“I wanted to explore my character’s drive and their inner most desires”.
“It’s not so much a story as a journey of the soul”.
“I listen to Mozart to further my creative process”.
These are all things I have heard spoken from the mouths of actual humans during writer’s group meetings over the last ten years or so. It’s obvious that sometimes, when talking about writing, you can sound like a total divot. It’s not that they mean it, it’s more that it’s hard not to sound self important. It’s something I hate with a passion.
Some blog posts on Howling In The Dark will be like this. As much as I try to refrain it will occasionally dip into ‘art wank’ territory. You may want to avoid these posts so to aid you in this I have devised a visual alarm. Upon catching sight of this picture, feel free to scroll down so you can go about your day without having me spout rubbish in your general direction.
Towards the end of my college course in 2004 my regular writing partner and I had a few ideas floating around. One of which was a radio show in which each episode would be the final one in a fictional series. We were all set to run through almost every single genre possible and pick holes. We had convinced ourselves that this was a fantastic idea and worthy of being sent out to producers. This we did with gusto. The responses back were either a polite ‘We don’t feel this idea is for us’ or the deadly sound of silence. One particular letter broke the mould by actually giving us feedback, saying that there was no way such a project would get the green light when it was so disjointed. Nobody would have any emotional investment in the characters if they were changing every week. There would have to be some kind of link between them all. The idea was shelved and we carried on with all the other, game changing ideas we had come up with that would no doubt gain us fame and fortune.
We were young.
I’ve never really ditched any script idea fully in such a fashion that it’s completely forgotten. Ideas morph and alter and sometimes they are stripped for parts and used in new ideas. It took around six years for the link between episodes to be established. If all the episodes were by the same writer then at least that would give some identity to it. The radio script was rewritten quickly in 2010, the name of the writer was ‘Henry Barstow’ which was the name of a fictional Tory MP in Scotland from another abandoned script I wrote. In this script Barstow had become a scriptwriter so desperate for a break he almost kidnaps his first agent. I put him in Eastriggs, simply because it’s the town where my Mum grew up. The episodes rapidly became different (failed) productions in his not so great career. Then I saw a BBC show in which they had actors relive scripts from ‘Round The Horne’, a radio comedy show from the 1950’s featuring Kenneth Williams playing such characters as Rambling Sid Rumpo.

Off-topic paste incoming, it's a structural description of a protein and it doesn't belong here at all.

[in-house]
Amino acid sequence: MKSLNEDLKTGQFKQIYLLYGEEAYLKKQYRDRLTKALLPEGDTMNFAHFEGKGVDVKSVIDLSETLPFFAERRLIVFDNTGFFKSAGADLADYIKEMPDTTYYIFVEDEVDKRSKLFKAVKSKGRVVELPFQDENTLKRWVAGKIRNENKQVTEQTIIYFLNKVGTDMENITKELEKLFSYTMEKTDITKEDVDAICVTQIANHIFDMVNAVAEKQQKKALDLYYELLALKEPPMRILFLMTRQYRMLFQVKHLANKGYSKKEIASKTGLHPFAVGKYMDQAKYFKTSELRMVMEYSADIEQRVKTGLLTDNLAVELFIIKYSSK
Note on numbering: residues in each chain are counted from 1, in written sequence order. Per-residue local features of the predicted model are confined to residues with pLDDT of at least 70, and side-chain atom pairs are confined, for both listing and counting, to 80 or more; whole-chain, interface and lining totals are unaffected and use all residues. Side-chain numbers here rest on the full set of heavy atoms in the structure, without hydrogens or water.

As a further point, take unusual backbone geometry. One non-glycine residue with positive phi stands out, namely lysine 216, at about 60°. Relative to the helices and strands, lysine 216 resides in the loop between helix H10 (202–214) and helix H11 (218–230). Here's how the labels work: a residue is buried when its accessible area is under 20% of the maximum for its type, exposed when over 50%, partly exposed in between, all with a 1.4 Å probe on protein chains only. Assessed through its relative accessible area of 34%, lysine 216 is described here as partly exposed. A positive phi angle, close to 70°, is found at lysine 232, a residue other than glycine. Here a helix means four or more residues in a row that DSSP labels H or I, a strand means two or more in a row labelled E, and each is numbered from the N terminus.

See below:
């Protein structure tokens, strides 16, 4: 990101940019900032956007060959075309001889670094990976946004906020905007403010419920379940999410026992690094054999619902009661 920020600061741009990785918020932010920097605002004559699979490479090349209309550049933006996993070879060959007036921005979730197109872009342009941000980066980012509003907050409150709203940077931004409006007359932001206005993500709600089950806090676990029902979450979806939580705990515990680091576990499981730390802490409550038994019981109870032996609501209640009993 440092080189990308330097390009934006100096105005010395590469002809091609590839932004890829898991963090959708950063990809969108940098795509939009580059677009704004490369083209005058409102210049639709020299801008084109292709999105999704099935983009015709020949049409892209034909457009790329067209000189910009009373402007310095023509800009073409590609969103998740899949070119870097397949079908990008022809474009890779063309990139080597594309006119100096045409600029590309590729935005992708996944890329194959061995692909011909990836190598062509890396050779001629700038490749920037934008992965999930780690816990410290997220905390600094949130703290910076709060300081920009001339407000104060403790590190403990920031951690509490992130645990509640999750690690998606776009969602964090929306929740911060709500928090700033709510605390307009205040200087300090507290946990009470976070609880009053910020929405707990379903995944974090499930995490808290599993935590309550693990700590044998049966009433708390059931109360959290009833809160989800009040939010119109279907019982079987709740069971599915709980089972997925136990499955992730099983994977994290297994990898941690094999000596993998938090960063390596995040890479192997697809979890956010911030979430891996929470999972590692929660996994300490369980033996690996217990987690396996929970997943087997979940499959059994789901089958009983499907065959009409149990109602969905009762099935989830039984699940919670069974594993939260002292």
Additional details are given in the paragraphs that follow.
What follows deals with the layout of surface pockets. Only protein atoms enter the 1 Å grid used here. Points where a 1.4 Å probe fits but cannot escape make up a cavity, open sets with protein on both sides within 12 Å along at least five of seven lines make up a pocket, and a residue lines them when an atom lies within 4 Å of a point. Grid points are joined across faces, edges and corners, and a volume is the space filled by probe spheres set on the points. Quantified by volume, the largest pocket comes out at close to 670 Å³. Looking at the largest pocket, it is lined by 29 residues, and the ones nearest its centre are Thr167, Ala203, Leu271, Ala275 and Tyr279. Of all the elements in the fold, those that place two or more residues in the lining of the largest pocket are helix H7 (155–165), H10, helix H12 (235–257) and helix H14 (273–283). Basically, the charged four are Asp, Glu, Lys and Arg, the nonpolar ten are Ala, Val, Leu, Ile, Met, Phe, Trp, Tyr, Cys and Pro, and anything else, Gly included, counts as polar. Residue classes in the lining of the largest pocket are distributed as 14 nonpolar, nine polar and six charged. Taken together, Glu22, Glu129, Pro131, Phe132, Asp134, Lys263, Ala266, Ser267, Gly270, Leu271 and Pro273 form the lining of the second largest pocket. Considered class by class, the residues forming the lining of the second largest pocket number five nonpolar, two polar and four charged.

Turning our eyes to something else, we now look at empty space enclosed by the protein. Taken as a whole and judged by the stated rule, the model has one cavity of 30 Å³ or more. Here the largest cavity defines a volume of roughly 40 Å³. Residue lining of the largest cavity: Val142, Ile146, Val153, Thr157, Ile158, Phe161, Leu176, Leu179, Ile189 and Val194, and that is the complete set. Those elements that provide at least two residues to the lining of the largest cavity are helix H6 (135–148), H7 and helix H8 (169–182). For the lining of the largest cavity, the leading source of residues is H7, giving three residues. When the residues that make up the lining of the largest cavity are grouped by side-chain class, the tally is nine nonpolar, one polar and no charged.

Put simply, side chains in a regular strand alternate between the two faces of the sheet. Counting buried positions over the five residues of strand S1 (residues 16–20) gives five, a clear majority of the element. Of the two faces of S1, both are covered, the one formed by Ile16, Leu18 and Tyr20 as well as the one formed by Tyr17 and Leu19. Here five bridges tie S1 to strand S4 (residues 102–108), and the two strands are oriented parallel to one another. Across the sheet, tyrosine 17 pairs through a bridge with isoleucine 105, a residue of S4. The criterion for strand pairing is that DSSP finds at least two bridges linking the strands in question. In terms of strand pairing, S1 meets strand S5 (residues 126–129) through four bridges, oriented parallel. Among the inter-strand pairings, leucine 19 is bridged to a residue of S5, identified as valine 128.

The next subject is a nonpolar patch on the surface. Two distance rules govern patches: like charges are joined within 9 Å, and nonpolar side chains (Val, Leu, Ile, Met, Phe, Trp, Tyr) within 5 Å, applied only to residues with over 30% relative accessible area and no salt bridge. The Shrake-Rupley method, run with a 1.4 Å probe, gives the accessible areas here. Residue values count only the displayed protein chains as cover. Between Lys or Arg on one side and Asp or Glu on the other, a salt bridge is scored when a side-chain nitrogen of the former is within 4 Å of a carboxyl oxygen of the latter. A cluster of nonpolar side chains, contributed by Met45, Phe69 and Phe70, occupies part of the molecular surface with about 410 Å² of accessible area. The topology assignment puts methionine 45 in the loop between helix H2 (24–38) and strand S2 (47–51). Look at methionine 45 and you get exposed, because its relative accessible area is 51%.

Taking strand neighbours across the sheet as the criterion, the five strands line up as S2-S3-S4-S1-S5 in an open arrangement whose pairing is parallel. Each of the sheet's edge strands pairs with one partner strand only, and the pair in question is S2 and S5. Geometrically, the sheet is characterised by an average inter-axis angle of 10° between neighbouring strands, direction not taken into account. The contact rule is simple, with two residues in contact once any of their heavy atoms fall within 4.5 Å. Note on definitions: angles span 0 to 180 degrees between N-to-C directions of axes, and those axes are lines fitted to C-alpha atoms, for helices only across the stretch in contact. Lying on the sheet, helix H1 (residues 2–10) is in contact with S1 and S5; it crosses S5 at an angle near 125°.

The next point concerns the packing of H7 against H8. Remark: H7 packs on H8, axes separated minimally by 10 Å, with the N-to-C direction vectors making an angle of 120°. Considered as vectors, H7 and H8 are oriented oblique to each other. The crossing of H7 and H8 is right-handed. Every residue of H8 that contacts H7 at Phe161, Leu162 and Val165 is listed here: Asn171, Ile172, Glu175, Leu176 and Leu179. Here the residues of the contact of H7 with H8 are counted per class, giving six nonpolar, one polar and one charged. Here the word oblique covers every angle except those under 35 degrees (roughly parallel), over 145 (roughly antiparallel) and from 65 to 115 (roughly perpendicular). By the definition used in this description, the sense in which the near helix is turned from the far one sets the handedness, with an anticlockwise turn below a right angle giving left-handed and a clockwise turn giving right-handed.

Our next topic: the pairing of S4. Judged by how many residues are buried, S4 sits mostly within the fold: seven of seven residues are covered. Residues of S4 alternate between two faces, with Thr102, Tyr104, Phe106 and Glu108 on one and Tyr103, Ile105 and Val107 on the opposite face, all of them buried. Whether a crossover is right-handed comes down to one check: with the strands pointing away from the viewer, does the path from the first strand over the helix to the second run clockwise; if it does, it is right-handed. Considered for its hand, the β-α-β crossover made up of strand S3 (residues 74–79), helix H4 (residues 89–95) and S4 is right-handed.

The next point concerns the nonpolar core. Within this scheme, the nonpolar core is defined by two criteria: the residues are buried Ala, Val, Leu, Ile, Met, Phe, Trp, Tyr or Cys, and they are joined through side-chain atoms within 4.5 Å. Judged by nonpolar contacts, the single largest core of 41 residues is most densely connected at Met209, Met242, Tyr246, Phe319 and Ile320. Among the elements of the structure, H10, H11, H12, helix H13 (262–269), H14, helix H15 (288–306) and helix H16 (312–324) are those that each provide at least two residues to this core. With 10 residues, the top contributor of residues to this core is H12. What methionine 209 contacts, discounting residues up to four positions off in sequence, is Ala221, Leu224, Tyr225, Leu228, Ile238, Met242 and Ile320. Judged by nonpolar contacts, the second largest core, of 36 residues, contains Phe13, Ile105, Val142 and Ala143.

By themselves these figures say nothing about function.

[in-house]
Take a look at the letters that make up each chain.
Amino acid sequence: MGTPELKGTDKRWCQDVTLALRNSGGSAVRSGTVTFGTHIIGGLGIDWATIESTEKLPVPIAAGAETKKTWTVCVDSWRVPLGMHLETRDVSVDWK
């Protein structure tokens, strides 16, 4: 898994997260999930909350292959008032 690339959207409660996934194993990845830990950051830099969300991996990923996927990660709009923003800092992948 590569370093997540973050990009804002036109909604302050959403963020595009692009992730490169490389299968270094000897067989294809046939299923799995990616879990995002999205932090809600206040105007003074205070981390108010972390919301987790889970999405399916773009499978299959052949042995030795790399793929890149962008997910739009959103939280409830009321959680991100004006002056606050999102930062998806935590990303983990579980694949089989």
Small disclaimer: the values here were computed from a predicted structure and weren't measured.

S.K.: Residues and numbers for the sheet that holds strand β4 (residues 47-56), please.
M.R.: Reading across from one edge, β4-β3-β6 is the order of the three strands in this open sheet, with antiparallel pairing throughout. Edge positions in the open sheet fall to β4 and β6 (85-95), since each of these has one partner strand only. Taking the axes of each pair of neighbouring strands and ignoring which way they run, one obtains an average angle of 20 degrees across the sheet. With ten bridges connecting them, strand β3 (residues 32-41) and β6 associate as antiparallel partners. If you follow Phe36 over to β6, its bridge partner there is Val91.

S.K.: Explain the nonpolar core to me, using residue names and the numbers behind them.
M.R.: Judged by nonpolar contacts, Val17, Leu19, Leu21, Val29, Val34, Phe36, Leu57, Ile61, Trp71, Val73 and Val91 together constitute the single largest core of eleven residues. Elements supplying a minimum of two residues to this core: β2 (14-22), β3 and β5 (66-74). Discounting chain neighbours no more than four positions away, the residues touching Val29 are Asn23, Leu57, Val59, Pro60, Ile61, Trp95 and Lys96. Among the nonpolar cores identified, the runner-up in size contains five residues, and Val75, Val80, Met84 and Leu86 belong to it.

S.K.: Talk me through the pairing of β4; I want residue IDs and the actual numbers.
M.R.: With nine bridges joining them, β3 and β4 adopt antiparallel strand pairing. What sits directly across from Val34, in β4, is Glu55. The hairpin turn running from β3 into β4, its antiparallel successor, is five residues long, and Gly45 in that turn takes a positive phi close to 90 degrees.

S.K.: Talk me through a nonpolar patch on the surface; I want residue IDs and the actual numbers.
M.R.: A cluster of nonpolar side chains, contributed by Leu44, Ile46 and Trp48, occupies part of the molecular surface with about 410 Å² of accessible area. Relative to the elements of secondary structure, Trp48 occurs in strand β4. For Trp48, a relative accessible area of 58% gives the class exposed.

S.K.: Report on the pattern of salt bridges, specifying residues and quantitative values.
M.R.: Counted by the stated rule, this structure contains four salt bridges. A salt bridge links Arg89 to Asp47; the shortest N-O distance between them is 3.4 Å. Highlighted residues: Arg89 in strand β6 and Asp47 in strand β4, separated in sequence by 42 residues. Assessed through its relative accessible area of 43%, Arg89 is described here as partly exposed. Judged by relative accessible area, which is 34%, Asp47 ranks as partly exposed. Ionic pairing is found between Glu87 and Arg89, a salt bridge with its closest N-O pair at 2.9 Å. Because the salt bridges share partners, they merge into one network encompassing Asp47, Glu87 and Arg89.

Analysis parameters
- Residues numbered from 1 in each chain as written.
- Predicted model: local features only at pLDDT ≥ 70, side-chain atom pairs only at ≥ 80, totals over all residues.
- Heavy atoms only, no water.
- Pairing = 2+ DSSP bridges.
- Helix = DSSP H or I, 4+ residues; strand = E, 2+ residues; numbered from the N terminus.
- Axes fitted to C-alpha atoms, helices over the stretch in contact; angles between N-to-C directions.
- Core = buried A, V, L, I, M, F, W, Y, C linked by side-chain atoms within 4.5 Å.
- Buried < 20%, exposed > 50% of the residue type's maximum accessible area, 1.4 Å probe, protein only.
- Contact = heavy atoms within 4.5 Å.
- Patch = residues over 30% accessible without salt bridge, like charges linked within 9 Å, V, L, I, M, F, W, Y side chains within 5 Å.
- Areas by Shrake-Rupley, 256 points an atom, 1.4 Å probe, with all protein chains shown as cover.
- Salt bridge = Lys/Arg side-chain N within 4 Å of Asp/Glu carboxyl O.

It’s a show my Mum introduced me to when I was young alongside The Goon Show and Hancock’s Half Hour (the radio listening habits of my Mum and I will probably be another blog post all together). This modern day TV return was quite simple, four old style BBC microphones on stage. I rewrote Henry Barstow as a stage play with the only three members of the Henry Barstow Appreciation Society reprising what they consider as some of his greatest work. Essentially it’s a sketch show going through different television and film genres with a cast engaged in constant bickering. Somebody who I used to work with was involved in Carlisle’s Green Room Theatre so it’s actually being performed this September (12th-14th). It won’t be in the theatre itself, more in the bar downstairs. I’ve written in the fact that Barstow was a drunkard in his later life, it seemed the apt thing to do considering the location.
If you’re in the area at the time then feel free to come along. Each performance has space for about 30 people so we have a a fair amount to shift. I’ll probably attend one of the performances under the guise of ‘nervous fellow in the corner with a notepad’.